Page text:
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Maximum size : 10 cm

Cockatoo Dwarf Cichlid - Apistogramma cacatuoides : Complete Fish Profile & Care Guide

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The Cockatoo Dwarf Cichlid, also known as Apistogramma cacatuoides, is a stunning and hardy species among all the Dwarf Cichlids. Their colourful appearance makes them an eye-catching addition to any community aquarium. The Cockatoo Cichlid is a peaceful fish that can be kept with other non-aggressive large fish. They are also receptive to their own kind and can be kept alone, in pairs, or in groups. A large enough tank can even house more than one male. These Cichlids sift through sandy substrates for food, and although they prefer soft water, it is more important to maintain proper nitrate levels for their health. Male Cockatoo Cichlids have an elongated, silvery-grey body with a black line running through their middle. Their dorsal fin rays are extended higher than the rest, giving them the appearance of a cockatoo. Their tail fin has longer and brighter bottom and top rays, while the belly and bottom fins have golden brown hues. Females, on the other hand, have a dull yellow appearance with a solid black ventral fin as they age, and a more rounded caudal fin.

Cockatoo Dwarf Cichlid Photos

Sexual Dimorphism

The differentiation between male and female Cockatoo Cichlids, is quite apparent, especially during breeding and parental care of their offspring. The females exhibit yellow colouration with distinctive dark markings, while the males feature elongated dorsal fin rays, which are pointed and sharp. Furthermore, the males boast a more vibrant and pronounced colouration in comparison to females. Both sexes display a prominent dark line that runs from their eyes to the bottom of the gill flap.

Quick Facts

Scientific NameApistogramma cacatuoides
Year Described1951
Other NamesCockatoo Dwarf Cichlid, Crested Dwarf Cichlid
OriginsBolivia Brazil
Max Size10 cm
Aquarium LevelMiddle
DifficultyBeginner - Intermediate
Best kept asN/A
Lifespanup to 5 years

Water Parameters

Water TypeFreshwater
PH6.0 - 8.0
GH5 - 19
75 - 81
23.9 - 27.2

Natural Habitat

The Cockatoo Cichlid, known for its distinctive appearance and fascinating behaviour, originates from the pristine waters of the Amazon River basin. This fascinating fish thrives in slow-moving, shallow, and clear water areas, such as backwaters, tributaries, and creeks that are carpeted with leaf litter. In their natural habitat, they prefer sandy substrates, providing ample opportunity for rummaging through and searching for food. Their unique behavioural adaptation also involves hiding amongst vegetation as a means of protection against predators. These features make the Cockatoo Cichlid a popular choice for many aquarists who seek to replicate their natural environment in the home aquarium.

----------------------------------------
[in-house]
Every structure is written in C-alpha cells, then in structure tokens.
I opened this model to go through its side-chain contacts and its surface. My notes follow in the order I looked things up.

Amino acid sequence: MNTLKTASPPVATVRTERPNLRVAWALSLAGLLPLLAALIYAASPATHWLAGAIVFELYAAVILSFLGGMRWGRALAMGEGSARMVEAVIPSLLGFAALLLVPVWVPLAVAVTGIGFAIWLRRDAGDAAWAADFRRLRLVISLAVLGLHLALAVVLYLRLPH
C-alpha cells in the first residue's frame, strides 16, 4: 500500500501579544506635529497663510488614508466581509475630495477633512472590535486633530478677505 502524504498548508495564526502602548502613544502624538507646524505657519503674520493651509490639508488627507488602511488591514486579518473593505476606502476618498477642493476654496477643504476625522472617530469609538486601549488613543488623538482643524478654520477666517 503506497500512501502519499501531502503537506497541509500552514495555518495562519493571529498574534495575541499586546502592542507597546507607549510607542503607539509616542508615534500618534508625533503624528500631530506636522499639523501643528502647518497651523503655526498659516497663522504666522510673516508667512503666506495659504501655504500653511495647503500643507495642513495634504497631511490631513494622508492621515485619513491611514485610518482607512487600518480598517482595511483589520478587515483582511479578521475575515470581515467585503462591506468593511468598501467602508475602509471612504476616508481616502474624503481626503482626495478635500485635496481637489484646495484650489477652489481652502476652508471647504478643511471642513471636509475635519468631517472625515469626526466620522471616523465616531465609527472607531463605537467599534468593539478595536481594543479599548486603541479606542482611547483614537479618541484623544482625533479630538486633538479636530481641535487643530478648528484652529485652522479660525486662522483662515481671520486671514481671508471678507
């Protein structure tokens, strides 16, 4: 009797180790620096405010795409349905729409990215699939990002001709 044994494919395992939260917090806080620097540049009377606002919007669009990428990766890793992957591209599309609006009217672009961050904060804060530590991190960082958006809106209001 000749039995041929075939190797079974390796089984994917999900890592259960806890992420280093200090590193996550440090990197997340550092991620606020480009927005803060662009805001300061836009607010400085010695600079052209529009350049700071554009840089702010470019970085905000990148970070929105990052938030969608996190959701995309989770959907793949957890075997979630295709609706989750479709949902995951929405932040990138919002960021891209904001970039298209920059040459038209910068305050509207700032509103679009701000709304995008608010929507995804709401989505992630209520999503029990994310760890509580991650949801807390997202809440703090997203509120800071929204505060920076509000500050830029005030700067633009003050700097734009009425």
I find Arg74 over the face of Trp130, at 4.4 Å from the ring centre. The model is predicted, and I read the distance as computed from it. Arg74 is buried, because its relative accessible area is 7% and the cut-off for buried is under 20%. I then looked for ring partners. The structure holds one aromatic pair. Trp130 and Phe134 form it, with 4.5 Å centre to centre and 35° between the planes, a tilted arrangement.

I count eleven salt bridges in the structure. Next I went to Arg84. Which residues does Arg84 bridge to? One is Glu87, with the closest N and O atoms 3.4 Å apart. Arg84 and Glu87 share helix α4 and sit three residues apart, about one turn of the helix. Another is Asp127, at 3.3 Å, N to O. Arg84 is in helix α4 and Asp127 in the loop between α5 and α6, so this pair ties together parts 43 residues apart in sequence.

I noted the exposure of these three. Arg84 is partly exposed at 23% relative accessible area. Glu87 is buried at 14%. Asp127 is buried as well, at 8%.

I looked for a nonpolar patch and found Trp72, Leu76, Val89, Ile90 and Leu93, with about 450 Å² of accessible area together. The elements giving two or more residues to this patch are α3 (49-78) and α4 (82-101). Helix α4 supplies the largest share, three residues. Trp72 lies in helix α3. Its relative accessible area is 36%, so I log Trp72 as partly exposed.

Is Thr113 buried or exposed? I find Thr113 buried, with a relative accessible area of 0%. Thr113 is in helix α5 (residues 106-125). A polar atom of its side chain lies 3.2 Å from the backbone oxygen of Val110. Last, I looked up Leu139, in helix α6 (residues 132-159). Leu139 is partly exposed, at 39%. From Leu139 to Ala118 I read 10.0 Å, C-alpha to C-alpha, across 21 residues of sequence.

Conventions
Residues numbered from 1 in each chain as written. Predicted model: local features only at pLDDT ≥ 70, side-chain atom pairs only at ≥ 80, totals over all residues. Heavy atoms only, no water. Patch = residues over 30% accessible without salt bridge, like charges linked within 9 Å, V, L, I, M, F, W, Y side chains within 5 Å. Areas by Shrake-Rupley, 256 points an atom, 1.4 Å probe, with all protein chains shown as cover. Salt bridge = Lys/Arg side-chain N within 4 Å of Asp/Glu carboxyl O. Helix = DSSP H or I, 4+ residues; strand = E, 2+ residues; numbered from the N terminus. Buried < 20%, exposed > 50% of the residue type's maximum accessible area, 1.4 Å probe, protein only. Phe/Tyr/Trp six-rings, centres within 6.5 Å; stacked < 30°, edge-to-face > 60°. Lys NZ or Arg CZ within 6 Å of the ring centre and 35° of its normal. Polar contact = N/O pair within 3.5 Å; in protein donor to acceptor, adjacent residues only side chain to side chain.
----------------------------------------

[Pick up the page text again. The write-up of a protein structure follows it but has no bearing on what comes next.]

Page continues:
Ucayali River - Peru
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The sexual maturity of the Cockatoo Cichlid is reached between 8 to 10 months of age. These Cichlids exhibit territorial behavior, with each female defending a small territory against other species, except the dominant male. As cave spawners, they lay approximately 80 eggs on the ceiling of the cave, where they are cared for by the female while the male guards the surrounding territory. To encourage breeding in the aquarium, providing caves such as coconut shells or upturned flowerpots, along with cover for spawning sites using broad-leaved plants or similar, is necessary. Conditioning with live foods, raising the temperature, and frequent small water changes can also help to trigger spawning. The female will signal her readiness to breed by curling her body and performing a dance to catch the male's attention. He will respond by flashing his fins, and the female will lay the eggs. The male will fertilize the eggs and leave the cave to guard the surroundings, while the female takes care of the eggs. In group situations, the male will visit the caves of each female to breed. The females guard a range within the male's territory, and occasionally, they may kidnap the fry of other females to add to their school. The fry becomes free-swimming a few days after hatching, and the female leads them out of the cave. The fry grows relatively quickly and can be fed on rotifers initially and then on nauplii and freshly hatched baby brine shrimp a week or two later.

Diet & feeding

To promote the overall health and vitality of your Cockatoo Cichlid, it is recommended to provide a varied diet consisting mainly of frozen and live foods such as brine shrimp, insect larvae, and crustaceans. While high-quality flakes and pellets can supplement their diet, they should not be the primary food source. To avoid overfeeding and maintain optimal water quality, it is advisable to divide their daily ration into smaller portions and feed them two to five times a day, rather than a single large feeding. This will help to ensure that they receive the necessary proteins and vitamins without compromising water quality.

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